Surveys are an effective tool, there is little room to doubt that. However, if they are to reach their maximum effectiveness then one of the key areas to focus on is the survey response rate. In the prior installment, we reviewed the basics of response rate calculation, the importance of knowing your target audiences and the benefits of a focused and well-designed survey.
It cannot be understated that it is critical to maintain your contact list and to keep it up to date. Bad addresses equate to lower response. If you are working with a panel then it is advised that you periodically ask panelists to update their contact information. This is less of a concern if you are working with a sample provider as they bear the burden of keeping names and addresses current.
Pilot tests, also known as soft launches, are important for they can give you a rough estimate of response rate and completion time. This technique will also identify any issues in your survey logic and potentially any pain points where respondents abandon the survey. This information can be re-routed back into revising the survey.
Keep an eye on your watch and your calendar. We have learned from our marketing colleagues that there are better times to launch than others. Tuesday through Thursday are best for driving B2B survey response. Day of week is less of an issue for consumer-based surveys. Still it is best to avoid major holidays, and periods when respondents may be on vacation. What point during the day is it best to launch an invitation? This is a subject of debate with some saying it is best to launch overnight while others are 8 – 5 focused. In my practice, I stagger the release times from mid-morning through mid-afternoon, avoiding the start and the end of the work day. You may consider testing different time and day of the week combinations to see what works best.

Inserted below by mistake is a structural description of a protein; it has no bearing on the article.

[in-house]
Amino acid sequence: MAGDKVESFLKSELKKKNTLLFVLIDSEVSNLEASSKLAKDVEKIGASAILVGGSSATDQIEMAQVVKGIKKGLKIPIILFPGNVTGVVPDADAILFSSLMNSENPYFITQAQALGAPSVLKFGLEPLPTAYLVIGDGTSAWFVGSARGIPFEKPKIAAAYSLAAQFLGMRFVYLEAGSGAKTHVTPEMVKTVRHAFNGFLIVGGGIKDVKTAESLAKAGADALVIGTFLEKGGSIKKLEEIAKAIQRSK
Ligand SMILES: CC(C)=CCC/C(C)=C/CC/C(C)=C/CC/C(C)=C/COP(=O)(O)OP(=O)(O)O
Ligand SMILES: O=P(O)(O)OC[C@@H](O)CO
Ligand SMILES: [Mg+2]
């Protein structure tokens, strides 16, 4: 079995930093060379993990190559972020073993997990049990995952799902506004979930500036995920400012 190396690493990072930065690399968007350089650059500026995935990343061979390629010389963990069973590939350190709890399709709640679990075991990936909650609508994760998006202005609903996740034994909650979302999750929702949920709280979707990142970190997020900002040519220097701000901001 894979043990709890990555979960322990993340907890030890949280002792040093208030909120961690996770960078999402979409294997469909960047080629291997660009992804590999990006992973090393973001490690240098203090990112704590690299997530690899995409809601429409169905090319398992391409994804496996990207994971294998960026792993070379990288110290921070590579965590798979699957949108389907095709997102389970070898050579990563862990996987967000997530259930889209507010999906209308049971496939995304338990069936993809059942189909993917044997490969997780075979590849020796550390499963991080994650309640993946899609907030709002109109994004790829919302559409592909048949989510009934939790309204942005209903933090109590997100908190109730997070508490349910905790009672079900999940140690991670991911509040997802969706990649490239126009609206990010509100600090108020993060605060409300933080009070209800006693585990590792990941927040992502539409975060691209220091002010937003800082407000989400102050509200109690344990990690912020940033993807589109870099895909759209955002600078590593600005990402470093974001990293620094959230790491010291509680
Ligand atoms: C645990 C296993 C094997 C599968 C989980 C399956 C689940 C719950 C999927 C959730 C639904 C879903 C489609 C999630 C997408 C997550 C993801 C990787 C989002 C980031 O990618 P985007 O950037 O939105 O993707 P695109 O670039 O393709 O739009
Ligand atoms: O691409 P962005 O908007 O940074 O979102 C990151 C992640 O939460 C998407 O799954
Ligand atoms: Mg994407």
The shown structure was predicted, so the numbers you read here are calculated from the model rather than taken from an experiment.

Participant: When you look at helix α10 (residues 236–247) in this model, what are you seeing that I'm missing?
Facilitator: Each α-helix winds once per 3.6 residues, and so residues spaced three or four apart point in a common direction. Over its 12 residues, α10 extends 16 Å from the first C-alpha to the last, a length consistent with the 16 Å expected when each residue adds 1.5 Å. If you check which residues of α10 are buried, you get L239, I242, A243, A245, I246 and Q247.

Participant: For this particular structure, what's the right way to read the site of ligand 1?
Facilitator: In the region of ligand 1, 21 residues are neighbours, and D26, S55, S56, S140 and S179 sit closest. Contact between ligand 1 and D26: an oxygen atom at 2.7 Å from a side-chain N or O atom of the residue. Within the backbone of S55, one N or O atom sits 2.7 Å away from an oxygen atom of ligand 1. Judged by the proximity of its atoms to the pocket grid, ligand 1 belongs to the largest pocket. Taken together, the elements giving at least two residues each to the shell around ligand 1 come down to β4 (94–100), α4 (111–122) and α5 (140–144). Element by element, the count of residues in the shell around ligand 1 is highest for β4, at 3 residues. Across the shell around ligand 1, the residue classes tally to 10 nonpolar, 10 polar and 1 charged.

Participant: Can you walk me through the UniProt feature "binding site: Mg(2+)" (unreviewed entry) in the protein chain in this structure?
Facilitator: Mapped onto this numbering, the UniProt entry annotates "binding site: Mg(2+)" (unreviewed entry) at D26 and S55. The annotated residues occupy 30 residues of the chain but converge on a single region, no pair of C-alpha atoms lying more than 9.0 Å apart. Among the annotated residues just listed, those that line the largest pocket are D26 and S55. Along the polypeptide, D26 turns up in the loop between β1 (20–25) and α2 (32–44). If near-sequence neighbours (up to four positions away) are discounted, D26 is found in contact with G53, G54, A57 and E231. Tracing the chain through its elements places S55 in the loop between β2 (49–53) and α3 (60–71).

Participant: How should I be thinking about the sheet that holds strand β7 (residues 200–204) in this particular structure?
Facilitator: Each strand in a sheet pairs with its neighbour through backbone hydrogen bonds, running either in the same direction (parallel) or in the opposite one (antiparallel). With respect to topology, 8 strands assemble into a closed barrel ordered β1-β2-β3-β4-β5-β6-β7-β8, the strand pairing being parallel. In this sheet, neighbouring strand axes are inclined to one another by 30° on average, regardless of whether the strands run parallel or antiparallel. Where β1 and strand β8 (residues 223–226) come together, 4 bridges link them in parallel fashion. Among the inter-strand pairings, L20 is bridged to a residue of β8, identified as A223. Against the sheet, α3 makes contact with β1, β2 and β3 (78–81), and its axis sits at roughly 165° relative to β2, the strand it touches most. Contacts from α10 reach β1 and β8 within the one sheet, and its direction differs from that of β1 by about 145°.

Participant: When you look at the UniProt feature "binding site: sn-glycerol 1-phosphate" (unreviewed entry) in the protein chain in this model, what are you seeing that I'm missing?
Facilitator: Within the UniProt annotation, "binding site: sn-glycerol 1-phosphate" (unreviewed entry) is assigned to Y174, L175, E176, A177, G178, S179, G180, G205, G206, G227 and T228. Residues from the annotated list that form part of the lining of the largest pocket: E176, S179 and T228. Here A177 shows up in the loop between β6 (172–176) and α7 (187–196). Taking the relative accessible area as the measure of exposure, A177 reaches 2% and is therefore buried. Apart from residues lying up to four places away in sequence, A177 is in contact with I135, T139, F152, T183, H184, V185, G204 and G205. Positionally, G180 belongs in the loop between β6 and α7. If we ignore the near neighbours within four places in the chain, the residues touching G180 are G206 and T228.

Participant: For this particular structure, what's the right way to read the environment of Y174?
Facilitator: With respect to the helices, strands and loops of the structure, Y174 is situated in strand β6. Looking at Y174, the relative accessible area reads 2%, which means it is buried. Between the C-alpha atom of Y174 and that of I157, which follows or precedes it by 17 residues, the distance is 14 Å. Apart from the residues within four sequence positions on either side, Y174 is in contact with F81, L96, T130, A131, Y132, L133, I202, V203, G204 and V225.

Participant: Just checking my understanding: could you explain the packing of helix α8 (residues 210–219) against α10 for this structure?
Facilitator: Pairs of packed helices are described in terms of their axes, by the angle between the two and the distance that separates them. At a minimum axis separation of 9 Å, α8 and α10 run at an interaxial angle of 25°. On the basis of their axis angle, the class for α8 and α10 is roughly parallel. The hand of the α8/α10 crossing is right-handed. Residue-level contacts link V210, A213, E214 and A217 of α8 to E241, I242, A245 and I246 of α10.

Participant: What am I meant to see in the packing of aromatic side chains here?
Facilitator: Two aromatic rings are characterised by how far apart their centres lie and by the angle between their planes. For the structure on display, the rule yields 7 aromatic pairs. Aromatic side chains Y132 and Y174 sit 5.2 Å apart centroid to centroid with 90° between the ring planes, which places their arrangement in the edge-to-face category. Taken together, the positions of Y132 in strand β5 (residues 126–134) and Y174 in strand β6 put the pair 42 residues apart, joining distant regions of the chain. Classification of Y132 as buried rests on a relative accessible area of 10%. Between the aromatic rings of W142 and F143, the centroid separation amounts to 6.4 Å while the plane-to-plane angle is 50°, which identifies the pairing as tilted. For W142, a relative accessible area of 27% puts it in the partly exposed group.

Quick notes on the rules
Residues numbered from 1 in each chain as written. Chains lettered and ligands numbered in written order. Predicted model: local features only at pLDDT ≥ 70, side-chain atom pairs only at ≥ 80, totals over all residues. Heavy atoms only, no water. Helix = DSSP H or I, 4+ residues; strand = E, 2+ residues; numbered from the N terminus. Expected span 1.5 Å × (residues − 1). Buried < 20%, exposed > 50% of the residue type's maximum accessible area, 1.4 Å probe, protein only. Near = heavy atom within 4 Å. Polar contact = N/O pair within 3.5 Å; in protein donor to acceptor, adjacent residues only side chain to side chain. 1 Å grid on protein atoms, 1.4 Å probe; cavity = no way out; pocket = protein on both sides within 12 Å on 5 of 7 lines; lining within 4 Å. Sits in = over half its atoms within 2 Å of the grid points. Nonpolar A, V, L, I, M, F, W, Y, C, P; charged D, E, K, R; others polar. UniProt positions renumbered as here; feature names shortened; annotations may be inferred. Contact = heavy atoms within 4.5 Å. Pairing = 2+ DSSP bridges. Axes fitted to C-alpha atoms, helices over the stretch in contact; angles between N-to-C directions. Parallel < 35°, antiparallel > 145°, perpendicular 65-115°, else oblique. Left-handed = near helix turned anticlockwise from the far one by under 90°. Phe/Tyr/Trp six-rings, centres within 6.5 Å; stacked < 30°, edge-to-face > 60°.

Pre-notifying potential respondents gives them a heads up that something important is about to hit their inbox or mailbox. Notifications can be sent along with bills, newsletters or invoices. The communication should stress the nature of the survey and its importance, from the perspective of the respondent.
The invitation, like all good direct marketing copy, has to ask for the sale. In this case, we are asking respondents to give up a few minutes of their time. A survey invitation should have a compelling subject line that should be tailored to the group you are sending to. For example, new customers might see a subject that says “Thank you for becoming an Acme member.” A service call follow-up might have a subject line like “Regarding your service call on March 9th”. Frequently, larger organizations that have multiple units or divisions may address the invitation from an appropriate executive such as the VP of customer service or director for a specific product line.
The content of the email invitation should stress the relevance of the survey to the target audience as well as asking for their open and honest response. It is best practice to include a reasonable time estimate for completion (which should be verified by your soft launch). Creating a sense of urgency, by including a respond by date, will help increase motivation to respond. Always provide contact information so if a respondent has questions they know who to reach. Lastly, ensure them their data will be held in confidence, and if they so desire they may opt-out. Keeping their confidence is vital regardless if the survey is anonymous or if you are tracking respondents.
Increasing survey response rates is a moving process with many levels. Both this post and the prior in this series offer tested real-world tips for moving the response needle in the right direction.